Employers get creative with incentives when money is tight

Employee investments are becoming popular forms of indirect, or non-financial, compensation

August 2, 2010

HACKENSACK, N.J. - For some small businesses, the troubled economy is a good climate to invest in employees.

Employers are paying for business coaching and college tuition, training staff, subsidizing meals and extending family leave to ensure high productivity and strengthen themselves for post-recession expansion.

"If we invest in our associates and do things focused on customer service and retention, that really helps during this tough time, and we become part of the solution," said Rob Francis, president of building services provider Planned Cos. in Parsippany. "The return is, we'll solidify our base, grow and come out of it with an ability to grab significant market share."
Companies say employees who are happier do their jobs better, and that helps increase revenue. Perks also justify asking for higher productivity and more hours, enabling businesses to compete for talent and boost employee retention.

Such employee investments are becoming popular forms of indirect, or non-financial, compensation, said Vicky Ribon, team manager at human resource consultants Administaff in Florham Park.

"Money is a simple motivator," said Ribon. "However, the recognition for a job well done is becoming more of an issue in small businesses than compensation."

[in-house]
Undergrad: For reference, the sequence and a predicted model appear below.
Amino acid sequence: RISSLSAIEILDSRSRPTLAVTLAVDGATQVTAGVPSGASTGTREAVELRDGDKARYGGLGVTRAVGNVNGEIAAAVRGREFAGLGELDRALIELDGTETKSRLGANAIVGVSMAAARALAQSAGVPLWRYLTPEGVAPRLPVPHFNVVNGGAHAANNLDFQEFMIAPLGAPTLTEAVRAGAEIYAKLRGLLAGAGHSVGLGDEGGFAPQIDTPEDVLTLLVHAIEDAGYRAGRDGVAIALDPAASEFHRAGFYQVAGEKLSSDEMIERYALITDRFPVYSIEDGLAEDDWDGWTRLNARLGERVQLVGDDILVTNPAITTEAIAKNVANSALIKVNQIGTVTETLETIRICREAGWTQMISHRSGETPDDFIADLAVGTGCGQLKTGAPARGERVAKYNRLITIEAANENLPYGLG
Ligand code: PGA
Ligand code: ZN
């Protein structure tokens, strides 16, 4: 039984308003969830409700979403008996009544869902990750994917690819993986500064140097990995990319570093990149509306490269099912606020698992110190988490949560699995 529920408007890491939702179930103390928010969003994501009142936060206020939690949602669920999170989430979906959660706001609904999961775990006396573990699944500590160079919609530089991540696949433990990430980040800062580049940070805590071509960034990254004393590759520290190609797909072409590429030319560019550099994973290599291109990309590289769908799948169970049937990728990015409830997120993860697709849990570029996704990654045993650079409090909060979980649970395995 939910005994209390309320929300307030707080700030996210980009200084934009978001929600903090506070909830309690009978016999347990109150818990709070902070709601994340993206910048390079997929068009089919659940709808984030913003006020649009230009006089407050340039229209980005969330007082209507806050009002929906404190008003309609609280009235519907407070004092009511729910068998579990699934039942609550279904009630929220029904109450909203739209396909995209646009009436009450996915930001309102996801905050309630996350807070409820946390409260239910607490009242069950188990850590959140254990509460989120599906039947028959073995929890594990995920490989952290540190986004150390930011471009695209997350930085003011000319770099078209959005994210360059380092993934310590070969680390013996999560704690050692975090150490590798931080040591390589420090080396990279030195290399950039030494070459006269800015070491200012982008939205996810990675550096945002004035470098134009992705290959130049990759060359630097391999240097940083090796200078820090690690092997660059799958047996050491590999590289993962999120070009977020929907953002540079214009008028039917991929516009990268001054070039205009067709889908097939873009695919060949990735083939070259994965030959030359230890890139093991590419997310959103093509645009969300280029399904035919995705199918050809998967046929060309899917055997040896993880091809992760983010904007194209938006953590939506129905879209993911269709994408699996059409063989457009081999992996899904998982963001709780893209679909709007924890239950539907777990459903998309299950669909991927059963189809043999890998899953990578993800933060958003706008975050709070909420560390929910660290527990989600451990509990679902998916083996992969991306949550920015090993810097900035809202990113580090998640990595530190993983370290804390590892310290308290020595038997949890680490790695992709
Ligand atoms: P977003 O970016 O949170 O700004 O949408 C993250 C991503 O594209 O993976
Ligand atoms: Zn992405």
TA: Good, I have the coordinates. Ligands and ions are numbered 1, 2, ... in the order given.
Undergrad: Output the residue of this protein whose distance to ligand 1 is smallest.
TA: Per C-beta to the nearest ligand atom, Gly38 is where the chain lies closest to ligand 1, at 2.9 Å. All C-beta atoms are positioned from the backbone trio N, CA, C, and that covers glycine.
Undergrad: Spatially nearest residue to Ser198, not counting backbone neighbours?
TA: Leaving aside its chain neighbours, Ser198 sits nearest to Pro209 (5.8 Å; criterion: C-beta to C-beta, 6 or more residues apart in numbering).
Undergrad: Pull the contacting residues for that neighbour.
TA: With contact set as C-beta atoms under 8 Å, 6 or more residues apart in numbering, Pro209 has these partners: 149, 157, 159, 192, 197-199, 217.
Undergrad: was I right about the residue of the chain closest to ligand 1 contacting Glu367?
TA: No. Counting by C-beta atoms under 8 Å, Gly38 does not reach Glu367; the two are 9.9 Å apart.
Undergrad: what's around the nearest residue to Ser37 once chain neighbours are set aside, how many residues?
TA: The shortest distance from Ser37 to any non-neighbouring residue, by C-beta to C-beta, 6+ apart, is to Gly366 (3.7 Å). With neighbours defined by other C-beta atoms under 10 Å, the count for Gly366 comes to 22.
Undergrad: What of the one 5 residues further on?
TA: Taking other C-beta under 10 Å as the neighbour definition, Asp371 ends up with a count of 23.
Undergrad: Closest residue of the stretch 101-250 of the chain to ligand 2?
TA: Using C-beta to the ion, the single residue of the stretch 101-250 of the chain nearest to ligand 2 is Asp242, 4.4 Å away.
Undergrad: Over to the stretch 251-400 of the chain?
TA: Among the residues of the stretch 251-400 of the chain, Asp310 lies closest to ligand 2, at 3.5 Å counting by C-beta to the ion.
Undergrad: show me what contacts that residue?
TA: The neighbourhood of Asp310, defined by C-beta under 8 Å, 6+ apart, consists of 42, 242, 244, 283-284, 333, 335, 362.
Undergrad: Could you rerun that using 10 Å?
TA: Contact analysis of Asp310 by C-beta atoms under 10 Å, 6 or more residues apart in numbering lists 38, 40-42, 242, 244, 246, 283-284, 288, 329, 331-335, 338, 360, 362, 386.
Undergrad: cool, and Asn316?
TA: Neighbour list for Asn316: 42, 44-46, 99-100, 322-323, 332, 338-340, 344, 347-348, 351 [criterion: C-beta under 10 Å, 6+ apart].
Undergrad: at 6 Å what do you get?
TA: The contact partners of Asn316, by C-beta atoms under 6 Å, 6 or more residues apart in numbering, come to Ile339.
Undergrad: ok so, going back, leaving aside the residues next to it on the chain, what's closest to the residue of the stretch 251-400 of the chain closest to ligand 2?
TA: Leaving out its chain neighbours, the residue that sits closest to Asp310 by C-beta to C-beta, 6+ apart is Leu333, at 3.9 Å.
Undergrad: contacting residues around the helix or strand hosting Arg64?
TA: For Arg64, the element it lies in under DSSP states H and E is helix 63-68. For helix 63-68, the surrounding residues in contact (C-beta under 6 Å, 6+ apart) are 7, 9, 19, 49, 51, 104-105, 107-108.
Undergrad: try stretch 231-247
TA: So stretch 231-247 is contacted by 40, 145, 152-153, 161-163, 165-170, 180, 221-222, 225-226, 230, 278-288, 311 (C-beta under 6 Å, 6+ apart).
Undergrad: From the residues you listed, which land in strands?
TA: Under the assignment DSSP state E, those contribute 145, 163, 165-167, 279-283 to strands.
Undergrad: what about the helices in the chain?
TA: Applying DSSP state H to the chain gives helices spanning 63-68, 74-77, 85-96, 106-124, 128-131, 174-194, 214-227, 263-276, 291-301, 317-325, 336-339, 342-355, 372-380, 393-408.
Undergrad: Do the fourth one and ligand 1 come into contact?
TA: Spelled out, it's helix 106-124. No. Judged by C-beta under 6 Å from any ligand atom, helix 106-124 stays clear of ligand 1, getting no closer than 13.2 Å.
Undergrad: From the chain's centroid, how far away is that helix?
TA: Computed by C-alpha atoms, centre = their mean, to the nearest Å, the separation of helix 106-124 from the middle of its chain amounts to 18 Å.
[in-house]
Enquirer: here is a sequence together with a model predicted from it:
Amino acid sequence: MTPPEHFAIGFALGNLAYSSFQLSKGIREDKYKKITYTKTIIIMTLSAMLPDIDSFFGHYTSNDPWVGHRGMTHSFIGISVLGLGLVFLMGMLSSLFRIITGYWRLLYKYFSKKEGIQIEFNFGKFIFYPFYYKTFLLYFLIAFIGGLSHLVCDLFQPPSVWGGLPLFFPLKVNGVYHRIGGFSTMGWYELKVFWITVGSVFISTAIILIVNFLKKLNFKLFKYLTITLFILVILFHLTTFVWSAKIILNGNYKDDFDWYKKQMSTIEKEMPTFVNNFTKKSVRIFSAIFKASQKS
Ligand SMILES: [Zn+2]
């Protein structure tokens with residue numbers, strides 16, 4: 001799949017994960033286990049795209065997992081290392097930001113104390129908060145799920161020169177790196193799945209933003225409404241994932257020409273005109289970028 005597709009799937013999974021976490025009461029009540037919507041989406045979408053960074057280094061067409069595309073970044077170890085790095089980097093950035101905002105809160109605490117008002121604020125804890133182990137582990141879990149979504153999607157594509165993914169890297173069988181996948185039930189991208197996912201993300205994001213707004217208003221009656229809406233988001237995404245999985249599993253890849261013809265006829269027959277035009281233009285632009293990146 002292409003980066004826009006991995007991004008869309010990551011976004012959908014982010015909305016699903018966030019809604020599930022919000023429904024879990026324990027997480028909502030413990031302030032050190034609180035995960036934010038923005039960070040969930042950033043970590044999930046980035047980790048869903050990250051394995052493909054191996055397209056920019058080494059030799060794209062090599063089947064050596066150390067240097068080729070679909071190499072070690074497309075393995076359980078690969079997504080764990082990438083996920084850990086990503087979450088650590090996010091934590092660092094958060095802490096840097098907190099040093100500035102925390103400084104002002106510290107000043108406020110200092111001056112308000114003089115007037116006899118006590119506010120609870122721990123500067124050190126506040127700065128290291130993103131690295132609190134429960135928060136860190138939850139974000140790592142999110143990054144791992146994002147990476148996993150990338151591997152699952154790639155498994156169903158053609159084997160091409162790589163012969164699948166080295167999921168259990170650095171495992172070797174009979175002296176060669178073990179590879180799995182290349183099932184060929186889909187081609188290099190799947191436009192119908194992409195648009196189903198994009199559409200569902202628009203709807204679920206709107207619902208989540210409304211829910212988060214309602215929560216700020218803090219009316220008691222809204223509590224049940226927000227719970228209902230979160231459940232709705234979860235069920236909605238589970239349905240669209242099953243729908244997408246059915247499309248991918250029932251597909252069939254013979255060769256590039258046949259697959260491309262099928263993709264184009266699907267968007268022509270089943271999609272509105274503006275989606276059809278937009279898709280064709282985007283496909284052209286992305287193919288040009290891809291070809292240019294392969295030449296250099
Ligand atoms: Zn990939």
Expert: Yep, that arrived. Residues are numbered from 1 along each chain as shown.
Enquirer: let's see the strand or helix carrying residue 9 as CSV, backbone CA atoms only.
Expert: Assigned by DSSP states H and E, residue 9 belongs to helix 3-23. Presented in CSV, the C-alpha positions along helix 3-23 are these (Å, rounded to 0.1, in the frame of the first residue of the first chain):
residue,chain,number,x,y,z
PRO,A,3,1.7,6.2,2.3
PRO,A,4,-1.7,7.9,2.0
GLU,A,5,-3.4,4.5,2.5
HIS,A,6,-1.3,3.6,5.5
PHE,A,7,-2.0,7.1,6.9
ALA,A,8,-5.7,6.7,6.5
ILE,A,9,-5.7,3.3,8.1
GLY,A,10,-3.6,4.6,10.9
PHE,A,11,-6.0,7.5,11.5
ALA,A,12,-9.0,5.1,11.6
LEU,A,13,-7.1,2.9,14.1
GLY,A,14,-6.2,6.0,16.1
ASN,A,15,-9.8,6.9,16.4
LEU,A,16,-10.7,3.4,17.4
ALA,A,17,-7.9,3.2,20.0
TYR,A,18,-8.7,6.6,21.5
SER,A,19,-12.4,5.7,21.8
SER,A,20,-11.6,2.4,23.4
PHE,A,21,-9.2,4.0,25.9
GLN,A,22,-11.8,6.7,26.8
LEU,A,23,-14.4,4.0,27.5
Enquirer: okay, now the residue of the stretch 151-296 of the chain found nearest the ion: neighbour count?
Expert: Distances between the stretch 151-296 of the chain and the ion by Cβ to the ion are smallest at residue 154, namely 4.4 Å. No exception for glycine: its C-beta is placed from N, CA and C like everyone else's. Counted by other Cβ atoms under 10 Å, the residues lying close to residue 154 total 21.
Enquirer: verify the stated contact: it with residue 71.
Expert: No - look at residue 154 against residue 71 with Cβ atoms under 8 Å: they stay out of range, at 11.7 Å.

These are examples of how New Jersey companies are investing in their workers:

* New York Jets, Florham Park, 160 employees, excluding players

Employees have to work weekends for more than half the year as the Jets try to win the Super Bowl, said Matt Higgins, executive vice president of business operations.

To foster loyalty, management allows employees use of the workout rooms, lockers and showers and the indoor football field for after-work games at the Jets' new 120,000-square-foot training facility. This creates unity among staff and management, said Higgins.

For $4 a day, employees get breakfast and lunch at the cafeteria, which serves the healthy food they've requested.

"I know if staff is staying on-site and eating at the cafeteria, you're gaining productivity," Higgins said.

As for the workout rooms, he said, "Employees who exercise result in less absenteeism. They work better and work smarter."

With those and other perks, the $230 million business was named one of Inc. magazine's Top Small Company Workplaces this year.

* TransWorld Marketing Corp., East Rutherford, 125 employees

Six years ago, the designer and manufacturer of in-store product displays initiated the TransWorld Universe training program to teach staff how to use technology in retail displays — a new trend that clients thought would attract and educate consumers, said President William Carafello.

The program has grown and now uses industry experts and consultants to teach topics, such as retail trends and lean manufacturing to remove wasteful practices, for all staff. Sessions will soon be put online, Carafello said.

Employees from creative and manufacturing departments have responded positively, he said. Designers are more aware of industry trends, and display builders have learned faster and easier techniques. The courses are also "probably saving us hundreds of hours of engineering time," Carafello said.

Clients now look to the business as an industry authority, said Carafello. "If we don't stay current, we're not going to grow and survive."

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